But the shirtsleeves were getting restless. They pounded on the door. Clock showed 6:15. Finally a girl came out, with the drive-thru headset on. She spoke to the men.

I got out and asked her, “What’s going on?”

She spoke in an unapologetic monotone: “The computer is down. We can’t sell you any food.”

“When will you be open?”

“The computer is down. I don’t know when it will be working again.”

Back in the car, I told Chris the computer was down. “She didn’t even apologize. I think when I was working here, they would have apologized, and maybe put a sign in the window.”

“Well, where can we eat?” he wanted to know.

“ummm..” Now that a warm place with table and chairs wasn’t available, I guess we’d have to make do. “We could to the grocery store and get a donut.”

“A grocery store? At 6 on sunday morning? They won’t be open.”

“Well, when I lived here, Carr’s was open 24 hours. Let’s go see. It’s right here.”

getting the joke

So the new guy at work seems to enjoy my humor a bit more than the guys who are used to it.


Yesterday, I went onsite to research a reported audio problem We were all skeptical because USERS LIE

But there was something wrong. And this equipment was the new model. And VERY hard to work on. Me, to new guy, over videoconference: “I’ll need your help with this one when we get the replacement part. And bring your swear work dictionary, because Holy Crap!”

A few weeks ago, the department had to eat it’s own cooking. Instead of the usual audio conference for the staff meeting, we were doing it video conference. New guy had to stay in the watch the phones, but said “You should go into the video conference room if you feel presentable.”

Me: “Sure, why not? I’ve picked most of my scabs off”



Alaska- Memory Lake (19)

I wanted to show my husband the lake where I’d spent so much time.

When we moved there, we were told the lake was Memory Lake. Later we learned the name had been changed from “Swamp Lake”. You can see it that link that the lake is kinda two lakes with a little connecting bit. We only knew the near side of the lake for the longest time.

When we first moved to Wasilla, I was in 7th grade. I was still in school, that bus ride away to Peter’s Creek. I did NOT want to move to Wasilla, because I knew my social standing would drop immediately. There were NO cute boys in Wasilla. Okay, maybe one but he was not very nice.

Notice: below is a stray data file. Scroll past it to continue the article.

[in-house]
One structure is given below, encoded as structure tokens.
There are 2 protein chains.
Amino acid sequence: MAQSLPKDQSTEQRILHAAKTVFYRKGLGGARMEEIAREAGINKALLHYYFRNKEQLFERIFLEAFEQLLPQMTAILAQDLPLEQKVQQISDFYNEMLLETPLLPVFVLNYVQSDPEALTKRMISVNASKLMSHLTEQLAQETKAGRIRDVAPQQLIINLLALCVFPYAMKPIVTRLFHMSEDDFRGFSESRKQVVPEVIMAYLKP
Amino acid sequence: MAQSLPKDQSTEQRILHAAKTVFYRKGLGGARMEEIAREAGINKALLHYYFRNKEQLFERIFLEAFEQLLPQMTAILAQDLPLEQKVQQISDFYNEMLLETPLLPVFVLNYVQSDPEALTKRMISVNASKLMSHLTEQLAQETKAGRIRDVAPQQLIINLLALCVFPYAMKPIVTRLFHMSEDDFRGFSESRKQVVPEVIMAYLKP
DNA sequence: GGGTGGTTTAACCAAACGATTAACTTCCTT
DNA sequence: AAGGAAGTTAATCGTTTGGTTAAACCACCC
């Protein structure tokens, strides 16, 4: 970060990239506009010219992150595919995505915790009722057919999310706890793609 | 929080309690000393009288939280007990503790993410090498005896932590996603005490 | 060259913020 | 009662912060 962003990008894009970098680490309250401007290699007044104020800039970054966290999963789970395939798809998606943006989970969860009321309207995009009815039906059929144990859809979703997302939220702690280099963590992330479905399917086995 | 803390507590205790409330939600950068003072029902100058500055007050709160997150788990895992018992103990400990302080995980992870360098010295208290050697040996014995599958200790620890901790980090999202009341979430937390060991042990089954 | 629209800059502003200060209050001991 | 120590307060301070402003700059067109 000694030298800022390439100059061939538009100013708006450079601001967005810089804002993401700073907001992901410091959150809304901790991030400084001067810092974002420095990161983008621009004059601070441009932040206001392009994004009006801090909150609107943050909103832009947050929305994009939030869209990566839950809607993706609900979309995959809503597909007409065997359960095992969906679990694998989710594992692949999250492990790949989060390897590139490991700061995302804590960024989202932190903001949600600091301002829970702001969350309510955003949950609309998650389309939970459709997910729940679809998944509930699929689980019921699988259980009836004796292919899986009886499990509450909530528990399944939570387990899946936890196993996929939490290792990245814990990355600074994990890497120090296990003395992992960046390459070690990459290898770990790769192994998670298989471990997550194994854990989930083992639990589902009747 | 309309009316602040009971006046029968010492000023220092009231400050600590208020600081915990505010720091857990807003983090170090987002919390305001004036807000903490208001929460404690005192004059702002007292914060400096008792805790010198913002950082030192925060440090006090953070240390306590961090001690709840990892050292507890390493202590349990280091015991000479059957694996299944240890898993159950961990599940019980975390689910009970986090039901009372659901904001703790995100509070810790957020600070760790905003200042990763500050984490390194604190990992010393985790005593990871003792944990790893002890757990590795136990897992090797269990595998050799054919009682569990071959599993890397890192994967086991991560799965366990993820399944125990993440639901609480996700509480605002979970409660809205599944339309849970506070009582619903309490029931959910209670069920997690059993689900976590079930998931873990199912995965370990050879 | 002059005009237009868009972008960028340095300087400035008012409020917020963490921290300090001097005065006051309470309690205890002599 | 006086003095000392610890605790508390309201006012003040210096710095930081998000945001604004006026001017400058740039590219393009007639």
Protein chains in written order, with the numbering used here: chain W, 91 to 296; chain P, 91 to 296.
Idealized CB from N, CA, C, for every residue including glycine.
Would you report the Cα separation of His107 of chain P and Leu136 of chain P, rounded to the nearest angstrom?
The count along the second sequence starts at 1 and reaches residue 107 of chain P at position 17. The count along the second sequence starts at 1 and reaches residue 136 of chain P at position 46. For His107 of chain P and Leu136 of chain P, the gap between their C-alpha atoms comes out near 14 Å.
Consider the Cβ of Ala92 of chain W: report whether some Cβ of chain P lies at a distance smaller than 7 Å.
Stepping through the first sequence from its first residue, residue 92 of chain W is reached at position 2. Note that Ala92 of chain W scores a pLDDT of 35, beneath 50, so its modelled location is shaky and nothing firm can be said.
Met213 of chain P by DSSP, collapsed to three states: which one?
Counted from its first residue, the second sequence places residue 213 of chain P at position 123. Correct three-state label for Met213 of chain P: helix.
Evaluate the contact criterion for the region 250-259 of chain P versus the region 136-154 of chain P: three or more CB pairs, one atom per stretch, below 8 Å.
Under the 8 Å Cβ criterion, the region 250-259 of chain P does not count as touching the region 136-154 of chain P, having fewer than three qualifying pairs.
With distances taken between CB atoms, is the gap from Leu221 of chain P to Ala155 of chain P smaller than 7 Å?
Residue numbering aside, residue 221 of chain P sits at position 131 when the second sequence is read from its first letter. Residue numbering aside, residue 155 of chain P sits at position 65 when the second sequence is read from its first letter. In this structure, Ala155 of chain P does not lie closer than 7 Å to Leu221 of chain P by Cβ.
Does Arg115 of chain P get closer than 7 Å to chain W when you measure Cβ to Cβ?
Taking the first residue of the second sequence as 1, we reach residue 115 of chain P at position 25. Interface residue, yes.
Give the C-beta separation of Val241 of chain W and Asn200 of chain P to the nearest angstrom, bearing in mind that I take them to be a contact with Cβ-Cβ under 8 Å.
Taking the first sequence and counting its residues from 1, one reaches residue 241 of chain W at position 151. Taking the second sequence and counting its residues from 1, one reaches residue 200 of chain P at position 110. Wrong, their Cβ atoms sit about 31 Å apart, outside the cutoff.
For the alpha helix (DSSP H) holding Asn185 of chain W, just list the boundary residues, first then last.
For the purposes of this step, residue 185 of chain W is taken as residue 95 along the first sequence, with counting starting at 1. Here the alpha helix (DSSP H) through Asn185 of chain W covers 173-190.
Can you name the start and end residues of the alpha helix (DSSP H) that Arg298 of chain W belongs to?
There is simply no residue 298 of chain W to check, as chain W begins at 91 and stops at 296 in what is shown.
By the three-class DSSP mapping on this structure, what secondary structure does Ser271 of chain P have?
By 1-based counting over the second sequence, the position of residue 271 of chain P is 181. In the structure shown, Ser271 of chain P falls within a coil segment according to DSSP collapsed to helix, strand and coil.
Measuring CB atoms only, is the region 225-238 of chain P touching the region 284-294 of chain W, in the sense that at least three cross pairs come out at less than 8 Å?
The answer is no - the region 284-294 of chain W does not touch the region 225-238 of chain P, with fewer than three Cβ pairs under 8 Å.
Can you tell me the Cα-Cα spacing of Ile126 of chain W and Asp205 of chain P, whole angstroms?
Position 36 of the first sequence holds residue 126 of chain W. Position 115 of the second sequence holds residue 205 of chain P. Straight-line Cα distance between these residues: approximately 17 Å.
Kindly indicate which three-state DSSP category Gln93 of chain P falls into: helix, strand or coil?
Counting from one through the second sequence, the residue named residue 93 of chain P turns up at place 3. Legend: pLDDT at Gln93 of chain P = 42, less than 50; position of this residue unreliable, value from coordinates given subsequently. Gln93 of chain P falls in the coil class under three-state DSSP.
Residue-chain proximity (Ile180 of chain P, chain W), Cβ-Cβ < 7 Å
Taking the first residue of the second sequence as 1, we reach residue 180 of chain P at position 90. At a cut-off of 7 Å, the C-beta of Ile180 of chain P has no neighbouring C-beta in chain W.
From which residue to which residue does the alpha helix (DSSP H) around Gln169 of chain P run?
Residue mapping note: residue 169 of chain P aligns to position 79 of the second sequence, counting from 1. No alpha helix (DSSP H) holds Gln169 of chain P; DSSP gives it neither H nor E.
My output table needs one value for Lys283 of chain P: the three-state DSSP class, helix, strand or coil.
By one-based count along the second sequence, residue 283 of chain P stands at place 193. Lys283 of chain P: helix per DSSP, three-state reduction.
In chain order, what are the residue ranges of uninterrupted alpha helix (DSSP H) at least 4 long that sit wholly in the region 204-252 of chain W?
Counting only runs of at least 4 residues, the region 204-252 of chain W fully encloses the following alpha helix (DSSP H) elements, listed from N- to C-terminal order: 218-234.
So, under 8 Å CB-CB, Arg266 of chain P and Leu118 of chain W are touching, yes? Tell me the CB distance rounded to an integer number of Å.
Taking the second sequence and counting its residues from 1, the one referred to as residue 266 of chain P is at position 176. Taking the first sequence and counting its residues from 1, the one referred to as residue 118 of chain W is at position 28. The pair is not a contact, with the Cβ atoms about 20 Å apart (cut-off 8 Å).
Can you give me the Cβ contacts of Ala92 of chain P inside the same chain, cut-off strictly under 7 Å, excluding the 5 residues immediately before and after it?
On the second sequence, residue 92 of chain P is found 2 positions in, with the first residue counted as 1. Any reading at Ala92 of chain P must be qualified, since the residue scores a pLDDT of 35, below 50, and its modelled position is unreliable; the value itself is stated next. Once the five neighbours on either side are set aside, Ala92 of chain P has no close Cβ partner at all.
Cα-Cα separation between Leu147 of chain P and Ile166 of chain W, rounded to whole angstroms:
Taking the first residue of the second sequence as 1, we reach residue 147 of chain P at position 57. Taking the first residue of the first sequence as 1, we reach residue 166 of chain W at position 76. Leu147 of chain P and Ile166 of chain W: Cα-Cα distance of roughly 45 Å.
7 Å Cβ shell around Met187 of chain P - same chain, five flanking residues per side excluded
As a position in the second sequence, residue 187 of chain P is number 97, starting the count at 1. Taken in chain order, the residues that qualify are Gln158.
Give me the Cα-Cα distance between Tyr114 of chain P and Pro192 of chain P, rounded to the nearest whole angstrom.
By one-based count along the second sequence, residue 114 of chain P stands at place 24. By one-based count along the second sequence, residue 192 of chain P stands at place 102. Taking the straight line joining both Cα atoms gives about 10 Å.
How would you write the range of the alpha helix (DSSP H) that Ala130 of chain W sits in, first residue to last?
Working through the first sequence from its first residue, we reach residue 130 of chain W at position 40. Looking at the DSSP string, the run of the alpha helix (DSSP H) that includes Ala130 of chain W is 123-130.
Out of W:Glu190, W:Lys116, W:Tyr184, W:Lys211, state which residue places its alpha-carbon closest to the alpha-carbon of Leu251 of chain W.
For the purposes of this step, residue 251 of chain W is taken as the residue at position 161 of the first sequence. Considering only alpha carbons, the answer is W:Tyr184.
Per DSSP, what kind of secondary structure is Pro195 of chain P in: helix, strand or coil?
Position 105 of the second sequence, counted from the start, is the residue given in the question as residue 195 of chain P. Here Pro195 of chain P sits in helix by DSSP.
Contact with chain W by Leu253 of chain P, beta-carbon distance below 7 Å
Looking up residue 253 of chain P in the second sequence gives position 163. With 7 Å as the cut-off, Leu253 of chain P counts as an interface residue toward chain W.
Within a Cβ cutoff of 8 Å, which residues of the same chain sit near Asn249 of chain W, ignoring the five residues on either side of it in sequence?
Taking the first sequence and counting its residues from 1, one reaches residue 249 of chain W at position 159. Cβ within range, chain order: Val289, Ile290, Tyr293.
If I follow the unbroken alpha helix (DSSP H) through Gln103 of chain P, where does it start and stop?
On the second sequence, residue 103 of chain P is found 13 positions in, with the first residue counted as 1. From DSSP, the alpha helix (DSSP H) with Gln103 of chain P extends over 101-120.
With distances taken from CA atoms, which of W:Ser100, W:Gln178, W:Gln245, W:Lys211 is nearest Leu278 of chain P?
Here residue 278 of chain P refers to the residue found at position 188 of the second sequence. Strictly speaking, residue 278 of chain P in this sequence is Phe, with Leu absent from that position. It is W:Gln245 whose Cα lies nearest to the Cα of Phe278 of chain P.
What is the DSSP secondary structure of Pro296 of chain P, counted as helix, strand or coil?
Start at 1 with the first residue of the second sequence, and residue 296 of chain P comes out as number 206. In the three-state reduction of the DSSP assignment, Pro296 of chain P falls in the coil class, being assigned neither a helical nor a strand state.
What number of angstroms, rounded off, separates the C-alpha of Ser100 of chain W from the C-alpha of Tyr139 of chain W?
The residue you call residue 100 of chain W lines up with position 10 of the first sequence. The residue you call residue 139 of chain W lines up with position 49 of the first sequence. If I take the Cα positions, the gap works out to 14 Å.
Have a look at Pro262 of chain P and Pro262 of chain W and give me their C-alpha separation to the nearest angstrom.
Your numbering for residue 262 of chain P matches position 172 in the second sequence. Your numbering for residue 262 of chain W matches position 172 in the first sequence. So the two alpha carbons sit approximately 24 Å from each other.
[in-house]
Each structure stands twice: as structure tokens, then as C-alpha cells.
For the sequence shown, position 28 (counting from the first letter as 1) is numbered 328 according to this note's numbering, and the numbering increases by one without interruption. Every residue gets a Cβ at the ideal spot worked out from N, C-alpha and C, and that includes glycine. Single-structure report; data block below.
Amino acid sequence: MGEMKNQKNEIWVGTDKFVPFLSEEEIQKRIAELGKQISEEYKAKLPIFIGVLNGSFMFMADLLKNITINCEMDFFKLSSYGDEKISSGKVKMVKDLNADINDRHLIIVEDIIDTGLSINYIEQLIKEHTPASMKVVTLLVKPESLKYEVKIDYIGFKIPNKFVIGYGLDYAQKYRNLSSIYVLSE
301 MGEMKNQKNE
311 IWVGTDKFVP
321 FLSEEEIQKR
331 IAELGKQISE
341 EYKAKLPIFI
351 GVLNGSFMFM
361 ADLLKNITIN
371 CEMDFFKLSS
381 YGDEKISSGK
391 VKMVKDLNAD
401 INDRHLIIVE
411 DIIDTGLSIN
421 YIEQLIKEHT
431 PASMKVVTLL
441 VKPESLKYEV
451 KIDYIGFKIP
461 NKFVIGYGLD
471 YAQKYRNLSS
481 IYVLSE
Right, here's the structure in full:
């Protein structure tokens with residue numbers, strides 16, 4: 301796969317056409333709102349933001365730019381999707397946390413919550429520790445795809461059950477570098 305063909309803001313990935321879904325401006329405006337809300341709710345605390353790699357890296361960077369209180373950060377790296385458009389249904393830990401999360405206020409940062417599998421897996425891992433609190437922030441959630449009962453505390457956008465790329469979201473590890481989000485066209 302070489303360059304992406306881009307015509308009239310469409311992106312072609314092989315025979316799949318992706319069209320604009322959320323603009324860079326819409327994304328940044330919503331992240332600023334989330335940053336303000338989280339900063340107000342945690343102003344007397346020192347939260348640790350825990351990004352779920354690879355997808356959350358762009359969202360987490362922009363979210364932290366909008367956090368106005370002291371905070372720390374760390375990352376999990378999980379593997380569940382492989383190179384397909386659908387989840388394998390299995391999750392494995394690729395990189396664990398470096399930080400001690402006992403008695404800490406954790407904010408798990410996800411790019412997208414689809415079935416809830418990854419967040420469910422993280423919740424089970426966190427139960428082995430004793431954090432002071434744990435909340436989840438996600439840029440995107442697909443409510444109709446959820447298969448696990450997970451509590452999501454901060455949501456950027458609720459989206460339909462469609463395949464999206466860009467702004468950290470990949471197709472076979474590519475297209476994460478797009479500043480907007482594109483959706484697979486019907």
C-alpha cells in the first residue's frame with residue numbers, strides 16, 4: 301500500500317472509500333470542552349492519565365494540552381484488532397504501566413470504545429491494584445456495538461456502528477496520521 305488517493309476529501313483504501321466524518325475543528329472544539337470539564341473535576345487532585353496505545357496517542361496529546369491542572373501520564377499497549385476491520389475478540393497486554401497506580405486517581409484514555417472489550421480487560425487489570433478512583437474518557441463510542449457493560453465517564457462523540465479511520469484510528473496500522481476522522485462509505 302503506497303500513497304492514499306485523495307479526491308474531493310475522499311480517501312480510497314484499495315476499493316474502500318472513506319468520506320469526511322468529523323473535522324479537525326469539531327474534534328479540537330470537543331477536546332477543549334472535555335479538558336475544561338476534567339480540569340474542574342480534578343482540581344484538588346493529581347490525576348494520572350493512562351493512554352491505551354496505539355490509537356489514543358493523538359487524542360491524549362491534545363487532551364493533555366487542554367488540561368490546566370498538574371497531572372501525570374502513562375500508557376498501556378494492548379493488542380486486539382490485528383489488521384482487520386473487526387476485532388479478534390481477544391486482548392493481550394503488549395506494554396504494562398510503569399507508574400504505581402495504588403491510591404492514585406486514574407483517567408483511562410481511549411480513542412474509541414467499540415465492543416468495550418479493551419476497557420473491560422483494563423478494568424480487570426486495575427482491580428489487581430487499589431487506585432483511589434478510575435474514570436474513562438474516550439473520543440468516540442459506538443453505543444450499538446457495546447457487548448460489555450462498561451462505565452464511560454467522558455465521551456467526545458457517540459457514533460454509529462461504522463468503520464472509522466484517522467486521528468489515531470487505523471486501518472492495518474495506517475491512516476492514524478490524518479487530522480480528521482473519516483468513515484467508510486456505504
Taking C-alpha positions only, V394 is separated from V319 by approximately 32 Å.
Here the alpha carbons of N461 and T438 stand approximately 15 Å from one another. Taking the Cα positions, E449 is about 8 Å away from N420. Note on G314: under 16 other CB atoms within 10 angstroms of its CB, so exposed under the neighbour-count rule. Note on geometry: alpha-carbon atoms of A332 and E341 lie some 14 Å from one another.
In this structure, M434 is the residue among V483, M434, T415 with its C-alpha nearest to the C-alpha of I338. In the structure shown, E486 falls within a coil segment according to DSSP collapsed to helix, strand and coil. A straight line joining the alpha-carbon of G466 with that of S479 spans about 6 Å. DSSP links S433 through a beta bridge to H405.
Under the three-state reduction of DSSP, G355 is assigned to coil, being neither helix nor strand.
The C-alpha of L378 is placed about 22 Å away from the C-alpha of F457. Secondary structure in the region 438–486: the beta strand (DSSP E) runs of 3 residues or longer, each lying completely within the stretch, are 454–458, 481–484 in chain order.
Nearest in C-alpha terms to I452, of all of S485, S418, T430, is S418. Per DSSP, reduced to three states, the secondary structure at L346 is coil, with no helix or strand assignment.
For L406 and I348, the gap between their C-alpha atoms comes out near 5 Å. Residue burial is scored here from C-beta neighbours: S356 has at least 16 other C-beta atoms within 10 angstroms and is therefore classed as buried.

But it didn’t matter because almost right away I was informed that I would be homeschooled. Social standing was a thing of the past. Social flattening was more like it.

But THAT left us a lot of time to learn the mysteries of the lake. My brother Chris liked to fish in the lake, and caught about 10 little trout or landlocked salmon. They were 9-12 inches long, really not big enough to eat compared to real salmon. We fed them to the cat.

We wondered where the lake got its water. We kinda tried to go around the perimeter to see if a stream flowed in. But there were houses all around the lake, so we were nervous about trespassing.

This was our lake. There was a public lake, Wasilla lake, that people would go swim at. People would even drive from Eagle river sometimes to go swim at our lake. They used to swim in Mirror lake, just past Peter’s Creek, but then Mirror Lake got Beaver Fever and you couldn’t swim in it anymore. But this was our lake. We could walk to it anytime.

Chris was the one who stuck to it. And he discovered that there was a whole second lake  past the choke point.

The subdivision had it’s own well, and that empty lot was how we accessed the lake. The lake was surrounded by swamp, so we learned the art of choosing the highest bumps of plants in the flat meadow of swamp between the road and the lake. Otherwise, we’d get a shoeful of bog. I had no interest in fishing, but I liked the lake. I liked ice skating and went every day I could. Chris Ice fished with holes that other people left, because he didn’t have a borer.

In the summer, he would go somewhere and fish from the shore. Sometimes we would swim, but I couldn’t swim near the fishing line for fear of getting hooked. Mom didn’t want me to swim alone, but I talked her into letting me if I had a life jacket on.